RP - The Inner Magic Circle is a members club where most of its members are amateurs or enthusiasts of magic and we have various degrees. You can join by performing an exam, and if you pass, you become a Member of the Magic Circle. If you choose to you can do a further performance exam and if you are good enough you become an associate of the Inner Magic Circle. Our highest degree is Member of the Inner Magic Circle which is by gift of the President which you gain by being at a certain level professionally, and a certain standard of performance and notoriety. 


You are a consultant for theatrical magic, how did that come about and how long have you worked as a theatrical consultant?

RP - It was around 1990 when I consulted on my first professional show which was Some Sunny Day at the Hampstead Theatre with Rupert Everett (before he was famous). My brief was ‘his character transforms into a floating orange blob and flies out the window’. I spent weeks trying to work out how to do it and when I showed it to the Director he said, “No, more like this.” So I changed it and did it in half an hour. That taught me a lesson early on that you can’t be precious about the magic and tricks you create.


Trudi, can you tell us a bit more about Greentop Circus and what it does?

TP - Greentop is a circus arts charity, which aims to use human circus skills to transform lives and bring about positive social and individual change.  We offer professional training and artist development to circus professionals, workshops and master classes for the public, Youth Circus provision and regular cabaret performances. We also act as an entertainment agency providing circus entertainment across the UK.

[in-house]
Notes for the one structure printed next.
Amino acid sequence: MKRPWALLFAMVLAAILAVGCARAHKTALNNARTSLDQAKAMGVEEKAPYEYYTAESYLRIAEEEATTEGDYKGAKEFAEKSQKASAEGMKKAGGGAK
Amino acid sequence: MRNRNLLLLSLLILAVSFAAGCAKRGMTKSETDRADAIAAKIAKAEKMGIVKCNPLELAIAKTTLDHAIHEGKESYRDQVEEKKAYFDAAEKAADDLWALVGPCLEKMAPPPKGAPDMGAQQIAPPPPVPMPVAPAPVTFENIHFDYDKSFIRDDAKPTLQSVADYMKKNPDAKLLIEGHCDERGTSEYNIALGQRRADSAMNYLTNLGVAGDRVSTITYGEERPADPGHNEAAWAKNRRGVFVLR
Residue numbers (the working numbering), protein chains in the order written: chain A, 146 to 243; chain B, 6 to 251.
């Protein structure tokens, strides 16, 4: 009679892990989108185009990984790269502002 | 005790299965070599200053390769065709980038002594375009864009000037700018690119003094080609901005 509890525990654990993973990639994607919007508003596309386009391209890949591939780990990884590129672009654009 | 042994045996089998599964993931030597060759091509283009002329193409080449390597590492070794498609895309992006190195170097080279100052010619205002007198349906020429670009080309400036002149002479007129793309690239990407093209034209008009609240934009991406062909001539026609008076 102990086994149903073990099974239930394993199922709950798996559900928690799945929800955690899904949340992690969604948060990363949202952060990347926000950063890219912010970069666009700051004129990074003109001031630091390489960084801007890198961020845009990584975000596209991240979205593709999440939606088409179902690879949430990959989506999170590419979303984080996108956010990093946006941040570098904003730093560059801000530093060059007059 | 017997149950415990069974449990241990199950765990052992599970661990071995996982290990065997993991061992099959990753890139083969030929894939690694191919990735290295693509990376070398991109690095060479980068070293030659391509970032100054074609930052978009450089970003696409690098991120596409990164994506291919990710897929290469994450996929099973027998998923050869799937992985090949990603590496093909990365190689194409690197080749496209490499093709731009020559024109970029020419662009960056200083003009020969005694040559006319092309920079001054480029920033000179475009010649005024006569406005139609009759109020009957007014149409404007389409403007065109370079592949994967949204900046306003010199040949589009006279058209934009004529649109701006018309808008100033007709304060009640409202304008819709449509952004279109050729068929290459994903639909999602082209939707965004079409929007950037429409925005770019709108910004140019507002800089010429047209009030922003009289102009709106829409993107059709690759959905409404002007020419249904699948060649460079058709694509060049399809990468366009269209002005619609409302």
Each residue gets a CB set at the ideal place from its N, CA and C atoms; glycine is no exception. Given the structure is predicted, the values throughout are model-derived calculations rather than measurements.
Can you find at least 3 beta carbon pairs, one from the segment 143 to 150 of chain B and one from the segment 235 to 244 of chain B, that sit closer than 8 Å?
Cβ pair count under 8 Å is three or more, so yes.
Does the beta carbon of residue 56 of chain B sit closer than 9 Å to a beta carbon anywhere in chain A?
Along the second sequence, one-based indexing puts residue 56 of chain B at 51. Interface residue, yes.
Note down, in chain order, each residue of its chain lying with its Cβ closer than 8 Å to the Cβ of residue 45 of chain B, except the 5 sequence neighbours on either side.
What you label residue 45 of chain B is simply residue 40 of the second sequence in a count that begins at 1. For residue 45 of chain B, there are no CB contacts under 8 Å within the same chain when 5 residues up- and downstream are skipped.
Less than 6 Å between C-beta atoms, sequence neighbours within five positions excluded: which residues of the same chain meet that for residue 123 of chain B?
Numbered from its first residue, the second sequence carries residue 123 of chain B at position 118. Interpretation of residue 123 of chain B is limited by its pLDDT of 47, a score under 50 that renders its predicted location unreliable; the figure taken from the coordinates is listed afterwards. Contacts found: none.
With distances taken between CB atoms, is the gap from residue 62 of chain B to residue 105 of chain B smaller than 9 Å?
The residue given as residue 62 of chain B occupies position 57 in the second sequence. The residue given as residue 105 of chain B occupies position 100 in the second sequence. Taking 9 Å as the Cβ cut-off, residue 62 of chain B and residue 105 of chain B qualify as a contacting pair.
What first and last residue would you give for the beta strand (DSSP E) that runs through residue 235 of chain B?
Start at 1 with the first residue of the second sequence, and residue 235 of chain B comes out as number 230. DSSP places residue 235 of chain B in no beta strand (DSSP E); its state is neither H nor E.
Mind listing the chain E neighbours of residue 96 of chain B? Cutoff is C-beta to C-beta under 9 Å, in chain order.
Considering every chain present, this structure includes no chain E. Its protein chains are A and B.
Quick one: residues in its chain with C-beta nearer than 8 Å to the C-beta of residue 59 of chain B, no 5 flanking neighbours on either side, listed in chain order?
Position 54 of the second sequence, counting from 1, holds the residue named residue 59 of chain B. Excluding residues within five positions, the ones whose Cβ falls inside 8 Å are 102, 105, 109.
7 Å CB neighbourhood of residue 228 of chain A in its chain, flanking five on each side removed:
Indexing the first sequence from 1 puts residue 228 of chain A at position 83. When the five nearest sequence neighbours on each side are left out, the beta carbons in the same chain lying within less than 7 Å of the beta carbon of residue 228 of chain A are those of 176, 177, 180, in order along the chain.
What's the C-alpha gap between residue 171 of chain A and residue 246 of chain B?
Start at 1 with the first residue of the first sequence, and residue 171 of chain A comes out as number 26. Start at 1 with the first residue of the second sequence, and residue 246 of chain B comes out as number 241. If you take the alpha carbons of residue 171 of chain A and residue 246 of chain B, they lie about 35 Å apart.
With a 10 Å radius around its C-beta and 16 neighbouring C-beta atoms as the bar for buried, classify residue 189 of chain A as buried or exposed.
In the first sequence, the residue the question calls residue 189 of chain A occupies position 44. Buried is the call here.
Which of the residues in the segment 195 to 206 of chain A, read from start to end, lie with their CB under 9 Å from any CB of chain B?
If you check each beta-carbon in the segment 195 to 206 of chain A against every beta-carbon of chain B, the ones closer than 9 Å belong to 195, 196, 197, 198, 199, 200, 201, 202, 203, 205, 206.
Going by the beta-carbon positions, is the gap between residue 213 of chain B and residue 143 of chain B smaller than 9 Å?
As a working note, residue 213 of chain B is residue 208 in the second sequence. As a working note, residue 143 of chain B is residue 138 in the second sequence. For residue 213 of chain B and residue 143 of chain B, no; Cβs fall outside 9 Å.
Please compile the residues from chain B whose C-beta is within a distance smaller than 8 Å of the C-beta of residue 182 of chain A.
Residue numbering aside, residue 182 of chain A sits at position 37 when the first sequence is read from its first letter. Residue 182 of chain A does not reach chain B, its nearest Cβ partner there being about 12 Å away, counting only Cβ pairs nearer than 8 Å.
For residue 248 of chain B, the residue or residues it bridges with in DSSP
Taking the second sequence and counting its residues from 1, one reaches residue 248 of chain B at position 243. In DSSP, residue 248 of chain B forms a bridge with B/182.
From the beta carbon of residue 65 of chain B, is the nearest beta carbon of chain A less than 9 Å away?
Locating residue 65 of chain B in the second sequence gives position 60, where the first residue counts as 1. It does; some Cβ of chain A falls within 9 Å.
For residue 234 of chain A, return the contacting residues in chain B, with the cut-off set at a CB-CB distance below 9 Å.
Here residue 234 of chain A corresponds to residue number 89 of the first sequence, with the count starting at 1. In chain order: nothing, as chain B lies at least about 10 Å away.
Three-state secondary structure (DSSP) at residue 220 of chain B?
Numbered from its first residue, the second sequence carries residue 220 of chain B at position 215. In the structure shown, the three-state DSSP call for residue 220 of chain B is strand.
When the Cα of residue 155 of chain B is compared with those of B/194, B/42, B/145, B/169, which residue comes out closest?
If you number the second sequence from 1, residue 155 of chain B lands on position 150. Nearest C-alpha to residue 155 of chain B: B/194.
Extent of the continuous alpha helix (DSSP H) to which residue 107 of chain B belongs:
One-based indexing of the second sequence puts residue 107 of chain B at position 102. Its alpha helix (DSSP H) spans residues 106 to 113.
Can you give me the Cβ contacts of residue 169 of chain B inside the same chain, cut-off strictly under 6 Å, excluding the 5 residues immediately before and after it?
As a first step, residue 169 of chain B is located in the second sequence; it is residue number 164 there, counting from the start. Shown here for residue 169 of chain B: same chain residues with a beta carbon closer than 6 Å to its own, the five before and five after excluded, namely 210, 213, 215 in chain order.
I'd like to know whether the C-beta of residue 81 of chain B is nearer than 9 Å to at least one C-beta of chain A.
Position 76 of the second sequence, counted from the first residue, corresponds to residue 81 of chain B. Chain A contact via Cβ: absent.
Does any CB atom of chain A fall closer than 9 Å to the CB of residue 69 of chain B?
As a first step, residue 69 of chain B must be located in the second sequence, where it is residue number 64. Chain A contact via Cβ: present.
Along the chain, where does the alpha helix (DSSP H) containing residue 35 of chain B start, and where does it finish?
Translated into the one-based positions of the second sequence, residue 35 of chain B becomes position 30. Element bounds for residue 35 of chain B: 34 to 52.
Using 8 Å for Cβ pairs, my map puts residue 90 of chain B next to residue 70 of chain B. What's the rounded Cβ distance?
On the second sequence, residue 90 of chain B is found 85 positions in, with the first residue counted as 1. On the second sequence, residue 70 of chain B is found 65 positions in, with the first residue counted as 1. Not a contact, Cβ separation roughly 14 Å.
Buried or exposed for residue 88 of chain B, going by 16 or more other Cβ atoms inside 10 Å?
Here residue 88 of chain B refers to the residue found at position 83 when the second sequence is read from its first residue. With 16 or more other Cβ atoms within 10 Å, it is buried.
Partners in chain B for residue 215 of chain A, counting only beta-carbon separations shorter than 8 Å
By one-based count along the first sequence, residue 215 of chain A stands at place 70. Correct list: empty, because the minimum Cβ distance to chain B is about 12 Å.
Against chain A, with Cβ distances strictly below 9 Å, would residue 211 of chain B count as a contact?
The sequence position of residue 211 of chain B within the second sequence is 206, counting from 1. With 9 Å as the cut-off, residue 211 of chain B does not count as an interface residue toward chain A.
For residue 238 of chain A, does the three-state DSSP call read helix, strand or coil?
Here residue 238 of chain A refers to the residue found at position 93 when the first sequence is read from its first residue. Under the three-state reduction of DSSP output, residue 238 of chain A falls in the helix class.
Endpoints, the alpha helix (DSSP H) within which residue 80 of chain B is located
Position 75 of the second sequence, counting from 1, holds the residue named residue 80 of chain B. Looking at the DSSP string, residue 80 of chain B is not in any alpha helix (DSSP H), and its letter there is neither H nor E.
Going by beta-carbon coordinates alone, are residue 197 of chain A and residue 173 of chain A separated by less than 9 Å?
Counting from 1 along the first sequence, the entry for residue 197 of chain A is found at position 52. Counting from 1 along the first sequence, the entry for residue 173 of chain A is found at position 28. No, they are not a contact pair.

Have either of you worked with a ballet company before?

RP - This is the first time I’ve worked with ballet, it’s usually theatre and musicals. I’ve done one Opera but there is a lot that’s very different to ballet; the creation process, the rehearsal process, not letting the dancers near the show until we’ve finished ‘tech-ing’; it is just a completely different way of working. So working with Northern Ballet is a whole new world for me.


TP - No, this our first experience of working with a Ballet Company. It has been very good working with learners that are already body aware as they have been able to pick up a variety of more complex skills with relative ease.


What are the different skills that you are working on with Northern Ballet?

TP - Acrobalance, Stilt walking, Manipulation – ball, ring and club Juggling, Diabolo, Plate spinning, flower sticks.


RP - We’ve agreed what we are trying to achieve, there’s lots of magic ‘peppered’ throughout this show and when I was first asked about it, it wasn’t the obvious elements. There’s no pumpkin turning into a coach, this is not a pantomime. The magic is incidental as well as integral and the set itself is quite magical. With our Magician character, his magical journey is from not being able to do a card trick to near Jedi as his powers grow stronger and stronger.


How difficult is working with performer with no circus or magic experience? How quickly did the dancers pick up the skills?

TP – From a basic level, the students picked up the skills quickly, and once the basics were grasped we moved on to more complex tricks and styles.